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recol:r_constructs

R constructs

"for" loop

for (VAR in VECTOR)
{
  STATEMENT1
  STATEMENT2
  ETC
}

Create an element VAR, which takes (sequentially) values of elements in VECTOR. The length of VECTOR defines how many times the loop will be executed (= number of elements in vector = length (VECTOR)). The body of the function (statements which are executed in each cycle) are wrapped together into curly brackets ({ and }); if only one STATEMENT is inside the body of the loop, the curly brackets can be ommited. The VAR can but does not need to be used in the body of the function. Variables defined within the body of the function and also the VAR variable will stay in the Global Environment (this is different from the function, which will create temporary environment, create variables there, and close it after the end of executing the lines of code in the function's body (these variables are not visible from Global Environment).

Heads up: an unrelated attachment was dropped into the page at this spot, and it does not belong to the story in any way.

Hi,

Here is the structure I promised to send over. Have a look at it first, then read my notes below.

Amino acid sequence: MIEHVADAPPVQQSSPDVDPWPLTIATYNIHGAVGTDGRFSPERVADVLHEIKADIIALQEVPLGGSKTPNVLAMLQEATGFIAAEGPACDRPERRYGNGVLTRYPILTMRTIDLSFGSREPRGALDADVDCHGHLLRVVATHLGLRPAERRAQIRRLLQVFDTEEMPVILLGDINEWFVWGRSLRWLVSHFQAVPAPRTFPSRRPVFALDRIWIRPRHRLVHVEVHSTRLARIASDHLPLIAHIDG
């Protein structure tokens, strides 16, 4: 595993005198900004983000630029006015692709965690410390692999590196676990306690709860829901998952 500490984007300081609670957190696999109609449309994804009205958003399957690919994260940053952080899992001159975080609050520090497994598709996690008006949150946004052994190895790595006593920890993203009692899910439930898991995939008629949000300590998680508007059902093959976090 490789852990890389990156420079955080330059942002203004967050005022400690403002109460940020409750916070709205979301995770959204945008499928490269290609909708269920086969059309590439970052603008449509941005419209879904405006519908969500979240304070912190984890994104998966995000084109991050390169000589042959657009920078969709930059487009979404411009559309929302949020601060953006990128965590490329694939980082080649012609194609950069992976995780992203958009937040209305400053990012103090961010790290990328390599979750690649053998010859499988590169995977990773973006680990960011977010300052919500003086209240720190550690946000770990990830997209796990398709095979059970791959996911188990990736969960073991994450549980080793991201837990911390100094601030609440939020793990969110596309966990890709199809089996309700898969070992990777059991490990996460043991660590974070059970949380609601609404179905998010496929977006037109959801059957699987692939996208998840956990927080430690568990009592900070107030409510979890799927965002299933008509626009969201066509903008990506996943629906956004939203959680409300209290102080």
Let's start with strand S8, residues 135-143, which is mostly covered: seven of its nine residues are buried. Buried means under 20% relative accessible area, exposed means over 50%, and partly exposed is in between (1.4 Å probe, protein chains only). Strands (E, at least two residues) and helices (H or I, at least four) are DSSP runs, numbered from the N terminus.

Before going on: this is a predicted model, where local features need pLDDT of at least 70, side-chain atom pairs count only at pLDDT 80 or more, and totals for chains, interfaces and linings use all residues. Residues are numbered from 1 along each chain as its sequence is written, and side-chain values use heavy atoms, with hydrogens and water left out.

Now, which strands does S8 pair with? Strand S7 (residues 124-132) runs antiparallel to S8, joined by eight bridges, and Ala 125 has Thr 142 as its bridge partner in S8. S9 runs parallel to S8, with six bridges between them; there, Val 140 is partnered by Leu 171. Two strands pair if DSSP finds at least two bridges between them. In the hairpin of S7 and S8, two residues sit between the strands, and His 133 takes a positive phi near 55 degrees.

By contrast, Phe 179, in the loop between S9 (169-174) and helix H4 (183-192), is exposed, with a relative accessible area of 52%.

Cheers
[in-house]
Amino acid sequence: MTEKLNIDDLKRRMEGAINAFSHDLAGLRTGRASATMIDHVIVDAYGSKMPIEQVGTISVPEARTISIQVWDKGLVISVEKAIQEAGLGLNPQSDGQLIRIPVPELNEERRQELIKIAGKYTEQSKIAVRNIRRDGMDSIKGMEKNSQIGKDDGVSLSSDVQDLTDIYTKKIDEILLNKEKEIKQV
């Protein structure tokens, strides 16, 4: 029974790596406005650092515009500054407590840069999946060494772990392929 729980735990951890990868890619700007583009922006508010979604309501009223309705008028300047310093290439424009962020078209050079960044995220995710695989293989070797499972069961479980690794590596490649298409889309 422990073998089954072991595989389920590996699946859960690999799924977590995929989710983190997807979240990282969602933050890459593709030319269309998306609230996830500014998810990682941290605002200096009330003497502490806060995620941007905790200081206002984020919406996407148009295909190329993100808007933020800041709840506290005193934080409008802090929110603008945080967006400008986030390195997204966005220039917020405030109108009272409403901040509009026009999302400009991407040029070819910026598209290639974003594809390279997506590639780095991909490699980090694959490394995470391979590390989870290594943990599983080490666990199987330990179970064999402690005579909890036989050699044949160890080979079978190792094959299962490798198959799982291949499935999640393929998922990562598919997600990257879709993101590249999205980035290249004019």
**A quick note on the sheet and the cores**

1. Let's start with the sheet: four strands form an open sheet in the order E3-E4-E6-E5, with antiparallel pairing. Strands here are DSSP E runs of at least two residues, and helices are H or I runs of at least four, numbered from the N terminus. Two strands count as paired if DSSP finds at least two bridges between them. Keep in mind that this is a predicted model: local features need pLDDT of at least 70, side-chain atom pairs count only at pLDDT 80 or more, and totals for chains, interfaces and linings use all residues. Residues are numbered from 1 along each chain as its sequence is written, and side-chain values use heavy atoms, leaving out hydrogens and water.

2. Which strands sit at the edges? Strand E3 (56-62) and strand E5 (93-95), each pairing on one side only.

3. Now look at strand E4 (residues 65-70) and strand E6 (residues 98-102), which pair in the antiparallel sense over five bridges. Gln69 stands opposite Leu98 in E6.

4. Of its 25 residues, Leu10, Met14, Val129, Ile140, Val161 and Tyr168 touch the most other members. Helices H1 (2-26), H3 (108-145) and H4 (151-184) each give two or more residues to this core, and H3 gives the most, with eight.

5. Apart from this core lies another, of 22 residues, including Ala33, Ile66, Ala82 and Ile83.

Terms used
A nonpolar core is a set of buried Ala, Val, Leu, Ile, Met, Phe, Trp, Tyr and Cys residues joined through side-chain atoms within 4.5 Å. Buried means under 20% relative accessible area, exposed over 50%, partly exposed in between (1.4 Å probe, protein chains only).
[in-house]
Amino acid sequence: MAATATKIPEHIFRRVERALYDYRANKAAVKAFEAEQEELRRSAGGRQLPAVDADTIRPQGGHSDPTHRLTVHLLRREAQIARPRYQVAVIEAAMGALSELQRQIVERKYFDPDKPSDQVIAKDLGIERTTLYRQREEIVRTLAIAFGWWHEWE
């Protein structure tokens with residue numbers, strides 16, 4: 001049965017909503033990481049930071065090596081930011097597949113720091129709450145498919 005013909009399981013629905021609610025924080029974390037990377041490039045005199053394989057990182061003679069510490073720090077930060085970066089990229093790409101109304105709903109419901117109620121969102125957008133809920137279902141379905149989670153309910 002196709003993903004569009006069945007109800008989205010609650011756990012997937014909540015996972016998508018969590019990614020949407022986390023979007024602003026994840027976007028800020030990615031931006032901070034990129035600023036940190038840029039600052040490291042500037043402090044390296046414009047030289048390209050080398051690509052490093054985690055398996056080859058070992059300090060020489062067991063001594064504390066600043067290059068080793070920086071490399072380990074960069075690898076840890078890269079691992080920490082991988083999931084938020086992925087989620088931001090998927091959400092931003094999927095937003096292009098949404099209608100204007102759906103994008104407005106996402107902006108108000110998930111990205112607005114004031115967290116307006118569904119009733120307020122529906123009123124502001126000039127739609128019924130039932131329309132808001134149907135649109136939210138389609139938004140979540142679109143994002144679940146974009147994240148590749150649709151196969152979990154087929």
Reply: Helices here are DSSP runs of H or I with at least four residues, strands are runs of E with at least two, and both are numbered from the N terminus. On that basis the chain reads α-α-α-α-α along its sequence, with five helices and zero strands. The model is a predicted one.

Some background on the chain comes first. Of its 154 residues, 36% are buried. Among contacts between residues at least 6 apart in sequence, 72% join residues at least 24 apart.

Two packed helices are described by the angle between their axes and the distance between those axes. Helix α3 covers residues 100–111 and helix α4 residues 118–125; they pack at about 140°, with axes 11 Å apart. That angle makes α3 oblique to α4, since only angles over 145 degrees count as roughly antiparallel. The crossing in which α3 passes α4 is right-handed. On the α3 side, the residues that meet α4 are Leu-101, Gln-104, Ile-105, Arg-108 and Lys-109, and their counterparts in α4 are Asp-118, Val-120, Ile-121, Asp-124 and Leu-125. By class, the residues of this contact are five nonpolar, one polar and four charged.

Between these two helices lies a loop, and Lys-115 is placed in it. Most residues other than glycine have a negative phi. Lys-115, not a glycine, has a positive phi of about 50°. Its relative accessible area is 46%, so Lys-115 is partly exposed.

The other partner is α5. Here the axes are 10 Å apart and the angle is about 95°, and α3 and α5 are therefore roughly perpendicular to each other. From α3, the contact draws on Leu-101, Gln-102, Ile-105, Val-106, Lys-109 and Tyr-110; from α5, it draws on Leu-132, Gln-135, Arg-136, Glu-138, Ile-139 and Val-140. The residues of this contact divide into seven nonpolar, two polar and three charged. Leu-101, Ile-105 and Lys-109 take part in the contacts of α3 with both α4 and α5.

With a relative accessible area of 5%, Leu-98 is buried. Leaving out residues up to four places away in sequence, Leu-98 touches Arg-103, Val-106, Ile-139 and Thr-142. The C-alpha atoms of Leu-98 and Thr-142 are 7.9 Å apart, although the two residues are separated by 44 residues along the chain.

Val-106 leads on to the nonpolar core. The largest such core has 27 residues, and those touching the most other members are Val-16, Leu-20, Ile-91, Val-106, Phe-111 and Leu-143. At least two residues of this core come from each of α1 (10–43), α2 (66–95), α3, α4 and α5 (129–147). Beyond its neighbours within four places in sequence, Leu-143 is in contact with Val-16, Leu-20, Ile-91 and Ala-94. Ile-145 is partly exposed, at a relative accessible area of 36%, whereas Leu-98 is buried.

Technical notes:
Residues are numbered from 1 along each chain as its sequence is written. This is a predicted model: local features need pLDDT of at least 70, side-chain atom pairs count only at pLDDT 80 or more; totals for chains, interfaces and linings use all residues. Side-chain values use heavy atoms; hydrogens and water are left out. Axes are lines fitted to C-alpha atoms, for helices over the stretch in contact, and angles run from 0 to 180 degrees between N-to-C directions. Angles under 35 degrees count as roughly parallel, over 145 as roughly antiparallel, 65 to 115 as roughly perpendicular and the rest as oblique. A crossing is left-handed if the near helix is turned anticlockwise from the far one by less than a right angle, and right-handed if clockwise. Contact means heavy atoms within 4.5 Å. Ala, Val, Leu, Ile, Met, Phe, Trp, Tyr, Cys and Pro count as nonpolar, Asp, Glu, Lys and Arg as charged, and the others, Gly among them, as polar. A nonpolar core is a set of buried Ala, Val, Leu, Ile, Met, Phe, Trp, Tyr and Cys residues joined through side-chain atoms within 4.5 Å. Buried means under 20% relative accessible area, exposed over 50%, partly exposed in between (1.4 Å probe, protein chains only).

"while" loop

while (CONDITION)
{
  STATEMENT1
  STATEMENT2
  ETC
}

"repeat" loop

repeat
{
  STATEMENT1
  STATEMENT2
  ETC
}

"if" and "else" conditional function

if (CONDITION)
{
  STATEMENT1
  STATEMENT2
  ETC
} else {
  STATEMENT3
  STATEMENT4
  ETC2
  }

Note: the else part does not need to be present. CONDITION needs to be a single logical value (it can be a complicated logical expression, but if more than one logical value is returned by it, only the first one will be used (this is different from ifelse function, in which CONDITION can be a vector (or matrix) with more than one logical value and all are used.

"ifelse" conditional function